Figure 13 - Lottie Lyell on the cover of The Picture Show magazine 25 October 1919.

After industry consultation, in 2014 the Raymond Longford AFI (Australian Film Institute) and AACTA (Australian Academy of Cinema and Television Arts) Award for outstanding contribution to the enrichment of Australia’s screen environment and cultures was changed to the Longford Lyell Award.

[1] Andree Wright, Brilliant Careers: Women in Australian Cinema (Sydney: Pan Books, 1986), 1-14
[2] Apart from Wright’s work of historical recovery in the above note, see also Andrew Pike, & Ross Cooper, Australian Film 1900–1977 (Melbourne: Oxford University Press 1998), 19, 109, and Marilyn Dooley, Photo Play Artiste: Miss Lottie Lyell, 1890-1925 (Canberra:ScreenSound, 2000), 4.
[3] Kay Armitage, The Girl from God’s Country: Nell Shipman and the Silent Cinema (Toronto: University of Toronto Press, 2003), 254, 256.
[4] Dooley, Photo Play Artiste, 9.
[5] The Romantic Story of Margaret Catchpole (dir. Raymond Longford, 1911, Australia).
[6] Bushranger films were so popular that between 1911 and 1912, the New South Wales, Victorian and South Australian governments banned them, concerned they were undermining the authority of the police. For an official précis of the history of Australian suffrage, see http://www.aec.gov.au/Elections/australian_electoral_history/wright.htm and http://www.aec.gov.au/indigenous/history.htm. Accessed 4 May 2015.
[7] National Film and Sound Archive Australia Title No 392164 Raymond Longford: Documentation: Assorted papers including correspondence, invitations and unrealized scripts.
[8] Graham Shirley and Brian Adams, Australian Cinema: The First Eighty Years (North Ryde, NSW: Angus & Robertson, 1983), 55.
[9] Jean-Claude Carrière, The Secret Language of Film, trans. Jeremy Leggatt (New York: Random House, 1994), 8-9.
[10] Anthony Buckley, personal communication, October, 2012.
[11] The Woman Suffers reconstruction: NFSA Product, 1991, NFSA title: 274544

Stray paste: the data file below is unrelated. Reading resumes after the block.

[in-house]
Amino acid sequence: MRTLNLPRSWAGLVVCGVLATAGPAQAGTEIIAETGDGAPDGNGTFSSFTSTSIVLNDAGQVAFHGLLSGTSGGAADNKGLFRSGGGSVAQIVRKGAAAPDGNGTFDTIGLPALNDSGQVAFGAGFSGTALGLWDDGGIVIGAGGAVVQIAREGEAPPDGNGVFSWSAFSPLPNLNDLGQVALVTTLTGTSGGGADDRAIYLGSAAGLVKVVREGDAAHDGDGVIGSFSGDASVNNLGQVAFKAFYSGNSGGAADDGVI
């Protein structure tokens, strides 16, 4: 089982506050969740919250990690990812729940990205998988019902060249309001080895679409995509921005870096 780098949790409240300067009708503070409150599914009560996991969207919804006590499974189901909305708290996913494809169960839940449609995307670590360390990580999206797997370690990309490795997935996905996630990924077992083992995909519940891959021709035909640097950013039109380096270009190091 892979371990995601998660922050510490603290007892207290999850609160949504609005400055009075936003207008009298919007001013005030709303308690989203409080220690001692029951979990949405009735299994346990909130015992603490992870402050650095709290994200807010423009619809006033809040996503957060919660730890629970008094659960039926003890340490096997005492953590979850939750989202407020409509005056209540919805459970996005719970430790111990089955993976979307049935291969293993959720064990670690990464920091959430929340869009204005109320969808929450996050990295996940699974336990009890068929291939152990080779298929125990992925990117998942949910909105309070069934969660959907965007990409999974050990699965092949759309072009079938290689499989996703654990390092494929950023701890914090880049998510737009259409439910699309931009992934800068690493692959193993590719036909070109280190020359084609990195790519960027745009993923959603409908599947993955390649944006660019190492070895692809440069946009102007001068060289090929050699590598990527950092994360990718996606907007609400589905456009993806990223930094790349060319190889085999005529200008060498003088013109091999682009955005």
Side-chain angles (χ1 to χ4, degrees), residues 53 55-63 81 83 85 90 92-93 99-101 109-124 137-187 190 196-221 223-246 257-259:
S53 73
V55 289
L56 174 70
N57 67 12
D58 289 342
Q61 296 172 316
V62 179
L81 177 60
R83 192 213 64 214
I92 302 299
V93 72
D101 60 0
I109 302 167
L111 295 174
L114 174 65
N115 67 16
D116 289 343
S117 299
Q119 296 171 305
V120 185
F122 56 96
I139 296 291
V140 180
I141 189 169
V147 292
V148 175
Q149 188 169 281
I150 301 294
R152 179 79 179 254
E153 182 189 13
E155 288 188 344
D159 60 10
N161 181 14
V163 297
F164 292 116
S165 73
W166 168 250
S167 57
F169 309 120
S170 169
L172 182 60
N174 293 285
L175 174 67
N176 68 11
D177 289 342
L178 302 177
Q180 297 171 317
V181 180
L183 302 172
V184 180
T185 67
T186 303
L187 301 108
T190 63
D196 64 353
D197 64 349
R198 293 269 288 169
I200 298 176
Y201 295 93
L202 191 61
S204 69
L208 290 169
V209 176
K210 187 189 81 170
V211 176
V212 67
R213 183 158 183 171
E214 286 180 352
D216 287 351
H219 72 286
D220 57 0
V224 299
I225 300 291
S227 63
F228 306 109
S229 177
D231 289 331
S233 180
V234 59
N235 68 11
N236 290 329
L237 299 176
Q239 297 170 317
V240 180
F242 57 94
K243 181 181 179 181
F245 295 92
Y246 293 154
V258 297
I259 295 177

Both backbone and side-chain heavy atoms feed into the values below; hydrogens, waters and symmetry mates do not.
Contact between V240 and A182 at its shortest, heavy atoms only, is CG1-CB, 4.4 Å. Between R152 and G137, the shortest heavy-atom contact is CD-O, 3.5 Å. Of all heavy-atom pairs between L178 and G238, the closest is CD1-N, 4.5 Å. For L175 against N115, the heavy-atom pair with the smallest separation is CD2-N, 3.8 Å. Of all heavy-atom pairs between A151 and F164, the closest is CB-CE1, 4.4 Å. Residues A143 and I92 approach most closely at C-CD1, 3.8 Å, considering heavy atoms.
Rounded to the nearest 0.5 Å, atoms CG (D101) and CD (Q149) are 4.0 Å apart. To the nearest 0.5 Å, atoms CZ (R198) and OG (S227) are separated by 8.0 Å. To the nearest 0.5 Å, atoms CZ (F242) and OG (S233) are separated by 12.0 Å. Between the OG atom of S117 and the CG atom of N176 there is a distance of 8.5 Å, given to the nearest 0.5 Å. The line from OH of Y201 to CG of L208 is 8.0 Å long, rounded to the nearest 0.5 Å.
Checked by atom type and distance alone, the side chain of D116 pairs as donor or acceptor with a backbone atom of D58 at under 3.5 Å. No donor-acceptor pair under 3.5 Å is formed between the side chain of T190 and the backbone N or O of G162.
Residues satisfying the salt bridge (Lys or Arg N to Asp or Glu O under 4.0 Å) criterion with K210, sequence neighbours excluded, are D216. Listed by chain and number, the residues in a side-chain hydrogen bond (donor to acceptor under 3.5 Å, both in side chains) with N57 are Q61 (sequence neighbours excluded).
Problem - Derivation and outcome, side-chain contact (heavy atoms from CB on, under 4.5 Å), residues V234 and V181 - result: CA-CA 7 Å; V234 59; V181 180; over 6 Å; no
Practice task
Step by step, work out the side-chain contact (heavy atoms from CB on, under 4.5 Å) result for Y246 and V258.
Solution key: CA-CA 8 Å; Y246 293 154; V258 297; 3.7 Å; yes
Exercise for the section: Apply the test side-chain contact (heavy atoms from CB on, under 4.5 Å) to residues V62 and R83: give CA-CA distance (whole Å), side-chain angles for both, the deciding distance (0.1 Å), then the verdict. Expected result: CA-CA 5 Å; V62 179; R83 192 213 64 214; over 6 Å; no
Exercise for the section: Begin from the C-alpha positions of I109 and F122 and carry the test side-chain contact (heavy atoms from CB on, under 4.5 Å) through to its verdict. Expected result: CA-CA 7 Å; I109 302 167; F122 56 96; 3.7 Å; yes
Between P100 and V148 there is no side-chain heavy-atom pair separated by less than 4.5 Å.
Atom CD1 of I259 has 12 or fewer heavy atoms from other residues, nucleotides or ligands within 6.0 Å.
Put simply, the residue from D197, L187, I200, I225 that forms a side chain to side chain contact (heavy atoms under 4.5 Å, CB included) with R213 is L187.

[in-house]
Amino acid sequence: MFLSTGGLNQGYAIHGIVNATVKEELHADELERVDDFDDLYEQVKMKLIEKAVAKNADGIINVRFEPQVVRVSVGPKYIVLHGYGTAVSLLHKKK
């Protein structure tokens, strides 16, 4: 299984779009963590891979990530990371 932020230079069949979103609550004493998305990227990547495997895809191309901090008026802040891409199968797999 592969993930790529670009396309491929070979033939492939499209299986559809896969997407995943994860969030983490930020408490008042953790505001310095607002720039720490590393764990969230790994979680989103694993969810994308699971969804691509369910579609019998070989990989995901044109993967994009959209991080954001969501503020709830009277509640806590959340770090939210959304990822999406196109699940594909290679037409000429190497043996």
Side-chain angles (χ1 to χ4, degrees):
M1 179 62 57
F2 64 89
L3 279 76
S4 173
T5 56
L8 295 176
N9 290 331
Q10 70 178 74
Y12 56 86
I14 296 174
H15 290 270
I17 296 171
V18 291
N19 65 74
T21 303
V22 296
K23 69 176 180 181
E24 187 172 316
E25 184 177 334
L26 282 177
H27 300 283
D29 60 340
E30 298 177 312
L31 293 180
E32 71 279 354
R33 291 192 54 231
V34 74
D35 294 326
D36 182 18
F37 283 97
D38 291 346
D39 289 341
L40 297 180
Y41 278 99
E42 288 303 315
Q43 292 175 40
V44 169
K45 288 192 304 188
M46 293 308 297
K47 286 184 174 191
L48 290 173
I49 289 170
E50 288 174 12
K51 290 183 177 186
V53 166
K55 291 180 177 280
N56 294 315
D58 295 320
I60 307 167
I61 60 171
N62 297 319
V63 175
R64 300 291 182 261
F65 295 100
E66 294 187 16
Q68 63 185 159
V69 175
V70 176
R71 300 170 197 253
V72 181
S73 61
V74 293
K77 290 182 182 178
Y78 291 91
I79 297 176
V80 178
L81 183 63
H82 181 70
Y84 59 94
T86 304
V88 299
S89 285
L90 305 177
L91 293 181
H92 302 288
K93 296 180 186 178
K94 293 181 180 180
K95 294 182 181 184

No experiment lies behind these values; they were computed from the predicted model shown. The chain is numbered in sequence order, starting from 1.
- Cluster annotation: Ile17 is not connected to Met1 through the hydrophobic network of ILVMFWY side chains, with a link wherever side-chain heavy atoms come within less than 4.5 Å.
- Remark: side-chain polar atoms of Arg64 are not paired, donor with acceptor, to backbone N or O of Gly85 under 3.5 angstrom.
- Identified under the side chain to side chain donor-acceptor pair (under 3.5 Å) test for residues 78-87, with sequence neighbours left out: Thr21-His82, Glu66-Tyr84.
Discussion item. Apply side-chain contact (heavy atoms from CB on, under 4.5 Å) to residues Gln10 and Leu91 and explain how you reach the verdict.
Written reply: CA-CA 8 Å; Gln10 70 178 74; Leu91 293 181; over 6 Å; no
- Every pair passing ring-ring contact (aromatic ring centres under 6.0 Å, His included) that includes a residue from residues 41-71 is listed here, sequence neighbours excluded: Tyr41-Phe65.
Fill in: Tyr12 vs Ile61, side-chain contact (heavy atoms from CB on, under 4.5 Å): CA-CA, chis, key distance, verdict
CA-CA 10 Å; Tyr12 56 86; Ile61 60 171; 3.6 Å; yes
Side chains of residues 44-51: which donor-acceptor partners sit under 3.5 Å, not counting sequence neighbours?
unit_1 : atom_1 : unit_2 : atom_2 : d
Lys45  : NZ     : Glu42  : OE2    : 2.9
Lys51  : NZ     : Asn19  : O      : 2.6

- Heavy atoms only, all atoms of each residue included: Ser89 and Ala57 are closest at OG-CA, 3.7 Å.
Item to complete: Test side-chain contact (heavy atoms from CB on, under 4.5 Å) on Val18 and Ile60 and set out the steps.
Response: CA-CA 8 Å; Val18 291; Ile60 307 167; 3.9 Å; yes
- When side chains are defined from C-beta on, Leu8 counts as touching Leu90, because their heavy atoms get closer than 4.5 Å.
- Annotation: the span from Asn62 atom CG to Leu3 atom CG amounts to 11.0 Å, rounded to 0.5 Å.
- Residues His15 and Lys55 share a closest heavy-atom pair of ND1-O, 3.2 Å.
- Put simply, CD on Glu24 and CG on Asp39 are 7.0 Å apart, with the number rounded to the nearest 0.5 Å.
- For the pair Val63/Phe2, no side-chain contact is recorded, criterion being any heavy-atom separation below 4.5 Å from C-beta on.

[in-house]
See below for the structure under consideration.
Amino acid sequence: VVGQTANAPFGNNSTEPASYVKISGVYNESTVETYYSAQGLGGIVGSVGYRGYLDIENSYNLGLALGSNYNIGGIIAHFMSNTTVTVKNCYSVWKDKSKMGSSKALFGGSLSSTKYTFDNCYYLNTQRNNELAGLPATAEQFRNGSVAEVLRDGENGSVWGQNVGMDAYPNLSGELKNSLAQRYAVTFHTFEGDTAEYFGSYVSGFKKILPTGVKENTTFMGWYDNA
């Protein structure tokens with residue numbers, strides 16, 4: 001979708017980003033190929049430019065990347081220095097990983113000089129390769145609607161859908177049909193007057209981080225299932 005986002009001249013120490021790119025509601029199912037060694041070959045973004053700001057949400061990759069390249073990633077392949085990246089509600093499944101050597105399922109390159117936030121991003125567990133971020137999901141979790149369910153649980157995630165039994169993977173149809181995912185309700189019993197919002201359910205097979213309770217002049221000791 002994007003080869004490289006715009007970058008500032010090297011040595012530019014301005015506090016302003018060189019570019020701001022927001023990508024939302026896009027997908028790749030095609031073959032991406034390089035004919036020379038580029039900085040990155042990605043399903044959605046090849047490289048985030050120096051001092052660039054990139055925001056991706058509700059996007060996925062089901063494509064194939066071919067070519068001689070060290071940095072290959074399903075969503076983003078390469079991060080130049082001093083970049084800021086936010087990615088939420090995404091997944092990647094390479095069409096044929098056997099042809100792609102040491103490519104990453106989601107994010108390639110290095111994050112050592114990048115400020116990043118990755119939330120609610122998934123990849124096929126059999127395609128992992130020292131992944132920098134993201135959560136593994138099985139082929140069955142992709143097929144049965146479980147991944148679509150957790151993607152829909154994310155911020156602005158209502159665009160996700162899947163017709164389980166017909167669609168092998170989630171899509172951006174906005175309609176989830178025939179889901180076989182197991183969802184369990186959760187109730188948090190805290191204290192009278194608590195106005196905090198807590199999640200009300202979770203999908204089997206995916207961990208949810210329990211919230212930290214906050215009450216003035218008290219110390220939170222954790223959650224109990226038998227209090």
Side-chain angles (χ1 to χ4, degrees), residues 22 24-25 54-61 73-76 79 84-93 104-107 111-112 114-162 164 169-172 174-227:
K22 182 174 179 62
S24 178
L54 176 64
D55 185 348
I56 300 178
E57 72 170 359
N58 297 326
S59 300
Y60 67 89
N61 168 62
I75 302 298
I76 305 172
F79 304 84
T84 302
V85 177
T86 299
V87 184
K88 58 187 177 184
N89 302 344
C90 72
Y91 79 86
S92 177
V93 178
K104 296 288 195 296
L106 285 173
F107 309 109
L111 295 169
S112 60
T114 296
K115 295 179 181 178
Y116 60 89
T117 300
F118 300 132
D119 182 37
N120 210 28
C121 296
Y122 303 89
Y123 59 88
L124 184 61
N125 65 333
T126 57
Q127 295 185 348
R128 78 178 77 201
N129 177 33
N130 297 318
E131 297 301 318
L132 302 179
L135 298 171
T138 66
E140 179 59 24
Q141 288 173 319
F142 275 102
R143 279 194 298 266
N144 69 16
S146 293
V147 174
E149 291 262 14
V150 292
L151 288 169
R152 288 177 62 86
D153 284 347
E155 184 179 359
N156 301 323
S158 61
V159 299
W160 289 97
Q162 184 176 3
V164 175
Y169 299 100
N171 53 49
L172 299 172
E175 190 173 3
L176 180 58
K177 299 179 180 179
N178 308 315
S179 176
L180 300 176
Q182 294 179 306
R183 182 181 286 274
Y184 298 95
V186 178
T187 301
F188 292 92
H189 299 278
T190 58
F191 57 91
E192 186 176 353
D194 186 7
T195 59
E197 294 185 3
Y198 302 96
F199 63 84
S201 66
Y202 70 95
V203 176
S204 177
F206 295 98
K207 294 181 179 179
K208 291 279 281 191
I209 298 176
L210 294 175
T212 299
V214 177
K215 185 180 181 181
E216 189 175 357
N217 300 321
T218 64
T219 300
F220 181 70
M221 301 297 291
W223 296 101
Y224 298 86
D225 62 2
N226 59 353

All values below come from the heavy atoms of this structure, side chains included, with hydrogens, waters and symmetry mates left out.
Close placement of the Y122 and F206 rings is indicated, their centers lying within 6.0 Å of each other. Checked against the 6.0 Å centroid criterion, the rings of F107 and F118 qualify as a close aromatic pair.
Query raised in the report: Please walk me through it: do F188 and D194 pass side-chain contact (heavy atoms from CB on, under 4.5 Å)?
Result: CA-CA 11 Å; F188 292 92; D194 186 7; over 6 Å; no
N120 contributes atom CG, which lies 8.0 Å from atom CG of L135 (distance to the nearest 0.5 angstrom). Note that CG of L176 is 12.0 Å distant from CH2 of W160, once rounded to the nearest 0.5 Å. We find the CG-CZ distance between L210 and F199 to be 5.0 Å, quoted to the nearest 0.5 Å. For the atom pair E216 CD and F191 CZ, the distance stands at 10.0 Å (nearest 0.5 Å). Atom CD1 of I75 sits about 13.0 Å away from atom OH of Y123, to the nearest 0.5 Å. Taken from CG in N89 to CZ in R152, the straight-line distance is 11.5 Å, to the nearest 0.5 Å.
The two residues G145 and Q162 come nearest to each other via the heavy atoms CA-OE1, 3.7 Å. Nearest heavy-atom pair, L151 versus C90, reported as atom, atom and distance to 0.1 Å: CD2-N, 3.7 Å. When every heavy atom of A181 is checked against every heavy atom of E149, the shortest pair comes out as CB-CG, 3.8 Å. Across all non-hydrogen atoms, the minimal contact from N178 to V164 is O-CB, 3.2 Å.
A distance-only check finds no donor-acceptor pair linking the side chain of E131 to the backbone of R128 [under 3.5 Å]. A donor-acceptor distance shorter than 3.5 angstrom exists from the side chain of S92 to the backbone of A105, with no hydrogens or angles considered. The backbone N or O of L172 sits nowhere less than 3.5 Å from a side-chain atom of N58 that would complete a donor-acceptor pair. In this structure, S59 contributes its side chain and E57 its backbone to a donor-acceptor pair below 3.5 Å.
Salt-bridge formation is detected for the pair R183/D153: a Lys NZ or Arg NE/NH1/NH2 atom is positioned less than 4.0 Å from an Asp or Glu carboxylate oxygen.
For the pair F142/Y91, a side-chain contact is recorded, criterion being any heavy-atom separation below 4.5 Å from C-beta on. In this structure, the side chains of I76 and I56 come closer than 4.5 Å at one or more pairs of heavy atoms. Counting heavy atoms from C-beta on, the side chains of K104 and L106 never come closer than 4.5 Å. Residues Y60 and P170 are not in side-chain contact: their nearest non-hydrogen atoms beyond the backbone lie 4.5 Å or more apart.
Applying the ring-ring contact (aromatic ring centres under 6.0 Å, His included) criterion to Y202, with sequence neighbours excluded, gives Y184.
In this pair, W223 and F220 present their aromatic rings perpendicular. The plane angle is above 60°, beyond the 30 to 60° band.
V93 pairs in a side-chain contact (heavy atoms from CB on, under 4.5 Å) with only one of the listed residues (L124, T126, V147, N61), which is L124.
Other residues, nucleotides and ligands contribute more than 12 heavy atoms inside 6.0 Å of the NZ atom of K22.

[12] Anthony Buckley, Dominic Case, Ray Edmonson, Andrew Pike, Raymond Longford’s The Sentimental Bloke – The Restored Version, (National Film and Sound Archive Australia 2009)
[13] Directions for Using the Remington Standard Typewriter: Models 10 and 11 6th ed. (New York: Remington Typewriter Company, 1910), 16; available in PDF from “The Classic Typewriter Page,” http://site.xavier.edu/polt/typewriters/tw-manuals.html, accessed 24 June 2015.
[14] Ibid., 31.
[15] Anthony Buckley, personal communication, 22 August 2012.
[16] For an example of news reporting on the case see The Sydney Morning Herald, 12 March 1918, reproduced at http://trove.nla.gov.au/ndp/del/article/15769889.
[17] Marilyn Dooley, personal communication, 24 August 2012.
[18] Wright, Brilliant Careers, 10, 11.
[19] Wright, Brilliant Careers, 10.
[20] Wright, Brilliant Careers, 13.
[21] Margaret Atwood, “In Search of Alias Grace: On Writing Canadian Historical Fiction” American Historical Review 103, no. 5 (1998): 15.

About the Author

Margot Nash

About the Author

Margot Nash

Margot Nash is a practicing filmmaker and a Senior Lecturer in the School of Communications at the University of Technology, Sydney. Her research areas are the theory and practice of screenwriting, subtext and the gaps and silences in history. She has published in the Journal of Screenwriting and is a member of the SRN (Screenwriting Research Network), AWG (Australian Writers Guild), ASDA (Australian Screen Directors Association) and the Australian Cinema Pioneers. Her film credits include the experimental short Shadow Panic (wr, prod, dir 1989) and the feature dramas Vacant Possession (wr, dir 1994) and Call Me Mum (dir 2005). In 2012 she was the Filmmaker in Residence at Zürich University of the Arts where she began developing a personal essay feature documentary about family secrets. The Silences was completed in 2015. For more information see http://www.margotnash.comView all posts by Margot Nash →